BY Andrew Maerkle in Opinion | 04 APR 19

The Global Bauhaus: Tokyo

How progressive pedagogy was eventually co-opted by the war machine in 1930s and ’40s Japan

BY Andrew Maerkle in Opinion | 04 APR 19

On the centenary of the founding of the Bauhaus in Weimar, the ‘bauhaus imaginista’ project, which takes place in eleven countries, looks at the institution’s position within global crosscurrents of experimental pedagogy. In this mini-series, we consider the legacy of the Bauhaus in cultural centres outside of the West.

By the time the journal Kenchiku Kōgei. I See All (Architecture and Crafts. I See All) was launched in November 1931, Japanese architects were well aware of the Bauhaus. A steady stream of visitors to both Weimar and Dessau over the previous decade shared their knowledge through articles, publications and other materials. In 1927 a young graduate of the architecture program at Tokyo Fine Arts School, Takehiko Mizutani, enrolled at the Bauhaus in Dessau, and began teaching at his alma mater after returning home in 1930. Graduation projects from the time show that students back in Tokyo were already combining Bauhaus principles with a heady mix of constructivist and socially progressive ideas, as in a 1926 proposal by Iwao Yamawaki for a Theatrical Art Laboratory attached to a factory. (Yamawaki and his wife Michiko would in turn enroll at Dessau in 1930, where they stayed until the school was shut down by the Nazis in 1932.)

Iwao Yamawaki, The attack of the Bauhaus, 1932 reproduced 1991, farbdiapositiv (colour transparency), Yamawaki Iwao & Michiko Archives; photograph: Bauhaus-Archiv Berlin and Haus der Kulturen der Welt, Berlin 

Despite such direct links, the one who did more than perhaps any other to introduce Bauhaus to broader Japanese society was the editor of I See All, Renshichiro Kawakita, who never left Japan. A tireless writer, translator, educator and activist, Kawakita sought to promote architecture for an era in which all arts and sciences would be ‘technically integrated’ – as expressed in a manifesto-like statement leading the table of contents. Generously illustrated, I See All had a strong didactic element from the start. Early issues featured lengthy technical surveys on the development of the modern home, or introduced designs for shop and restaurant fixtures. Studies of sunlight, air circulation and flows of bodily movement evoked new living spaces that would be compact and dynamic, scientifically calculated to optimize comfort and efficiency, while overviews of the history of modern architecture provided theoretical grounding.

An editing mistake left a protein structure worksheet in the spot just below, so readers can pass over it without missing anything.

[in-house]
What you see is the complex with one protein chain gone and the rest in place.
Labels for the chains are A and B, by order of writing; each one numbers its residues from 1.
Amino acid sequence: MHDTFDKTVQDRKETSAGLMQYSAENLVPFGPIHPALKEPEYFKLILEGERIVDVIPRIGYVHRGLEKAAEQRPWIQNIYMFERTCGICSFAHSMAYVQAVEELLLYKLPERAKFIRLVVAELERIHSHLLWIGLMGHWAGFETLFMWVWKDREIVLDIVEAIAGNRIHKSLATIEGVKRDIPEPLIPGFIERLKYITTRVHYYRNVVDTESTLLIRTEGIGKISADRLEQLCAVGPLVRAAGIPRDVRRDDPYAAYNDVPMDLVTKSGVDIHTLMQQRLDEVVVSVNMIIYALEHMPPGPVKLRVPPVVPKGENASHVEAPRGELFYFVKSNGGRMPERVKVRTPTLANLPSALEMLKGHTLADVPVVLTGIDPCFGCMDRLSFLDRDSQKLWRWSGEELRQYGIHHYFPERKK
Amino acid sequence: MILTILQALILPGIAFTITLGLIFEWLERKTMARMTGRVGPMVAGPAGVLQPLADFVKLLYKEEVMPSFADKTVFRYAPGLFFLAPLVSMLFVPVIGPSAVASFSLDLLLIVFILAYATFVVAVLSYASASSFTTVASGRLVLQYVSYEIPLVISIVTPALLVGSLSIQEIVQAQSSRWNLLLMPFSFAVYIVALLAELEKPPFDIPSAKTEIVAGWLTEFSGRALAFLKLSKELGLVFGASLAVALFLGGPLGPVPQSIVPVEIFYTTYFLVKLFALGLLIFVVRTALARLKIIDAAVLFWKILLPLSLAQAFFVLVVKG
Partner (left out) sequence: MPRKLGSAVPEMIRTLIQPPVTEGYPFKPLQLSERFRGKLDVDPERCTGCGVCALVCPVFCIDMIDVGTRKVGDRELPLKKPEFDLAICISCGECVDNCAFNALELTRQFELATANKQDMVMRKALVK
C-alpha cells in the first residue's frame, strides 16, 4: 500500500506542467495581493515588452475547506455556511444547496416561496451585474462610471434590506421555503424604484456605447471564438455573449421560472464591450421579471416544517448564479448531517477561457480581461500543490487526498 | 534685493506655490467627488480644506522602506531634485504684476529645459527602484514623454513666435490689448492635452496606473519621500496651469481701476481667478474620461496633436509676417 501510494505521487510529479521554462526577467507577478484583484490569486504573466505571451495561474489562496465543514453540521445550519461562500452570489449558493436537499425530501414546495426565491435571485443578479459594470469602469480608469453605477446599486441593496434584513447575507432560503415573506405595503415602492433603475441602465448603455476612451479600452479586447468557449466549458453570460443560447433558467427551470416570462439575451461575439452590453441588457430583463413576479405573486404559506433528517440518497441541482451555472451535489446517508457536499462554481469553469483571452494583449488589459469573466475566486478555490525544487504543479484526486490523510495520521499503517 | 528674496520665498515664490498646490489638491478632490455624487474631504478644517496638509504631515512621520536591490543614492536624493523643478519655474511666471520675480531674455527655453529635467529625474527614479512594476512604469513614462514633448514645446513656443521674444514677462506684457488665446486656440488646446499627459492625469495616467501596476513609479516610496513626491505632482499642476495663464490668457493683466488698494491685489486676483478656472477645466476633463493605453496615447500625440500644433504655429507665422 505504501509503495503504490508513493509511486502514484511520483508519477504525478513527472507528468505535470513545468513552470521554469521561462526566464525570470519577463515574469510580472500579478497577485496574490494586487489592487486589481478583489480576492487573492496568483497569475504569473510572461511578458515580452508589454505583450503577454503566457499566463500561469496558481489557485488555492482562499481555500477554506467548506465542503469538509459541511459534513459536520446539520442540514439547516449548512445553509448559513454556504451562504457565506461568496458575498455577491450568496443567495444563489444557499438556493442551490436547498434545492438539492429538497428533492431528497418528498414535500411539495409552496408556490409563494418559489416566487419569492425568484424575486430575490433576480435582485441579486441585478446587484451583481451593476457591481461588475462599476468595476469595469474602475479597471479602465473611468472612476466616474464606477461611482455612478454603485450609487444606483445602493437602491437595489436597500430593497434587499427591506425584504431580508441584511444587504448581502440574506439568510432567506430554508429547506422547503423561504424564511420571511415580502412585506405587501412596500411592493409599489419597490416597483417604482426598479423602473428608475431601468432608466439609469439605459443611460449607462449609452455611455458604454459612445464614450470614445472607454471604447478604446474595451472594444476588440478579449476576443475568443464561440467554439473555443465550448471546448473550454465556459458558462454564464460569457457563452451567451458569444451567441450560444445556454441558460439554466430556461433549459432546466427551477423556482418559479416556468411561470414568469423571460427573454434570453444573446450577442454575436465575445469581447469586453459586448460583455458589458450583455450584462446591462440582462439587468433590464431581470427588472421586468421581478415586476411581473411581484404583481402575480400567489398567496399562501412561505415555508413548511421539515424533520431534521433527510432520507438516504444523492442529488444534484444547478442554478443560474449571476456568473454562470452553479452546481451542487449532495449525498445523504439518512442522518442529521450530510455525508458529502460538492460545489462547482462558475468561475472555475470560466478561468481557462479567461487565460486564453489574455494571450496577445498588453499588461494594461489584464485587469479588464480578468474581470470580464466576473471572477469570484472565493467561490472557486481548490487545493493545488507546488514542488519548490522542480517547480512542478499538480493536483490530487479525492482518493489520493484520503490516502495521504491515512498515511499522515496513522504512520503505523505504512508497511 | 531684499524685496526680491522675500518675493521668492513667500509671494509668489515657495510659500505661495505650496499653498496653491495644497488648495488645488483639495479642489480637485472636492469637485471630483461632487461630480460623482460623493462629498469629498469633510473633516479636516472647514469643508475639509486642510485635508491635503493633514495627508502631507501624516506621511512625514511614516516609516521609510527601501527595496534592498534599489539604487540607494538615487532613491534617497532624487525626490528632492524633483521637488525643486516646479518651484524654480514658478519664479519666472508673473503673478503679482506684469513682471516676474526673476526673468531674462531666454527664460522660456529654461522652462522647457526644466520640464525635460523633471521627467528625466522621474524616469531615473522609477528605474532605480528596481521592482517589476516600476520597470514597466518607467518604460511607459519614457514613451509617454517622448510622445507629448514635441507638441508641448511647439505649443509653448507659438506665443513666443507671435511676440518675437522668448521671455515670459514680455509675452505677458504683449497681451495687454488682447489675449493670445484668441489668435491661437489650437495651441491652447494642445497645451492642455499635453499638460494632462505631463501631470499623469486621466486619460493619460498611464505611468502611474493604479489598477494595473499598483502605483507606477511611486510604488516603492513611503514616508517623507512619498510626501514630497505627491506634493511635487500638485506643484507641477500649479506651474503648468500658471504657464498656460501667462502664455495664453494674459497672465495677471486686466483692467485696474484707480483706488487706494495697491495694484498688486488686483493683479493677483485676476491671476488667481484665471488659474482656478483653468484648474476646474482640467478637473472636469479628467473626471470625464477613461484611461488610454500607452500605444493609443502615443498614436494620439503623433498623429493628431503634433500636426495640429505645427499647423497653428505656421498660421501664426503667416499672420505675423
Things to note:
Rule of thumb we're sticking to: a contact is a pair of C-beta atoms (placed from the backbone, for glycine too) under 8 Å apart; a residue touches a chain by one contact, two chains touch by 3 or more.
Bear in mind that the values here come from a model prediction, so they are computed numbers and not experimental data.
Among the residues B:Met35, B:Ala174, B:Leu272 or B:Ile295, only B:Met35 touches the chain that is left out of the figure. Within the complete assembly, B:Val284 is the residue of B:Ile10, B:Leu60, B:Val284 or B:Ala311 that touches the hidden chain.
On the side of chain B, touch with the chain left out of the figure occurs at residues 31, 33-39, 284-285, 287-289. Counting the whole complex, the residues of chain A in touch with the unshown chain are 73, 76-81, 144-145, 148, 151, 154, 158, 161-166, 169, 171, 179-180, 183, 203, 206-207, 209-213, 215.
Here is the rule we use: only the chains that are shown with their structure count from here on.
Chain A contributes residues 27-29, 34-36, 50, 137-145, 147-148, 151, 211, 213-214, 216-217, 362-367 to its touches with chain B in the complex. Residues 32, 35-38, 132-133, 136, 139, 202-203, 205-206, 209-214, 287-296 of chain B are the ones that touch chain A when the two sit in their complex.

The journal was complemented by a larger communal project, Seikatsu Kōsei Kenkyūsho (Research Institute for Life Construction), which soon evolved into an independent educational initiative, Shin Kenchiku Kōgei Gakuin (School of New Architecture and Design), which opened in June 1932. Advocating what Kawakita called kosei kyoiku (compositional education), the curriculum liberally adapted the Bauhaus Vorkurs (Preliminary Course) to the Japanese context. The Yamawakis were among the teachers of architecture and textile design, respectively, and at the school’s height other subjects included crafts, painting and drama. Kawakita also sought to expand the school beyond its headquarters in Tokyo. The journal proved to be a natural vehicle for delivering material, Open University–style, to branches and individual subscribers around the country, while a standalone compendium for elementary-school art teachers was published in 1934. 

'bauhaus imaginista: Corresponding With Japan', 2018, exhibition view. Courtesy: The National Museum of Modern Art Kyoto and Haus der Kulturen der Welt, Berlin; photograph: Yuki Moriya  

Rooted in an egalitarian ethos, Kawakita’s pedagogical work in the early 1930s can be read as a challenge to the top-down statism of the post-Meiji modernization project. (A graduate of a technical college, Kawakita was himself an outsider from elite architecture circles.) This became impossible under the explicit turn to authoritarianism set in motion by the invasion of Manchuria at the start of the decade. The journal folded in 1936 and the school followed soon after. As with many other progressives, Kawakita and his ideas were coopted into the war machine—he proposed techniques for improving efficiency at factories producing fighter planes. His story vividly illustrates the complexities of evaluating a modernity in which radicalism and conservatism, opposition and conformity sooner or later dovetailed with each other.

Main image: Takehiko Mizutani, Study on simultaneous contrast (class of Josef Albers), 1927, gouache on cardboard, 80 × 55 cm. Courtesy: Bauhaus-Archiv Berlin and Haus der Kulturen der Welt, Berlin 

Andrew Maerkle is a writer, editor and translator. He lives in Tokyo, Japan.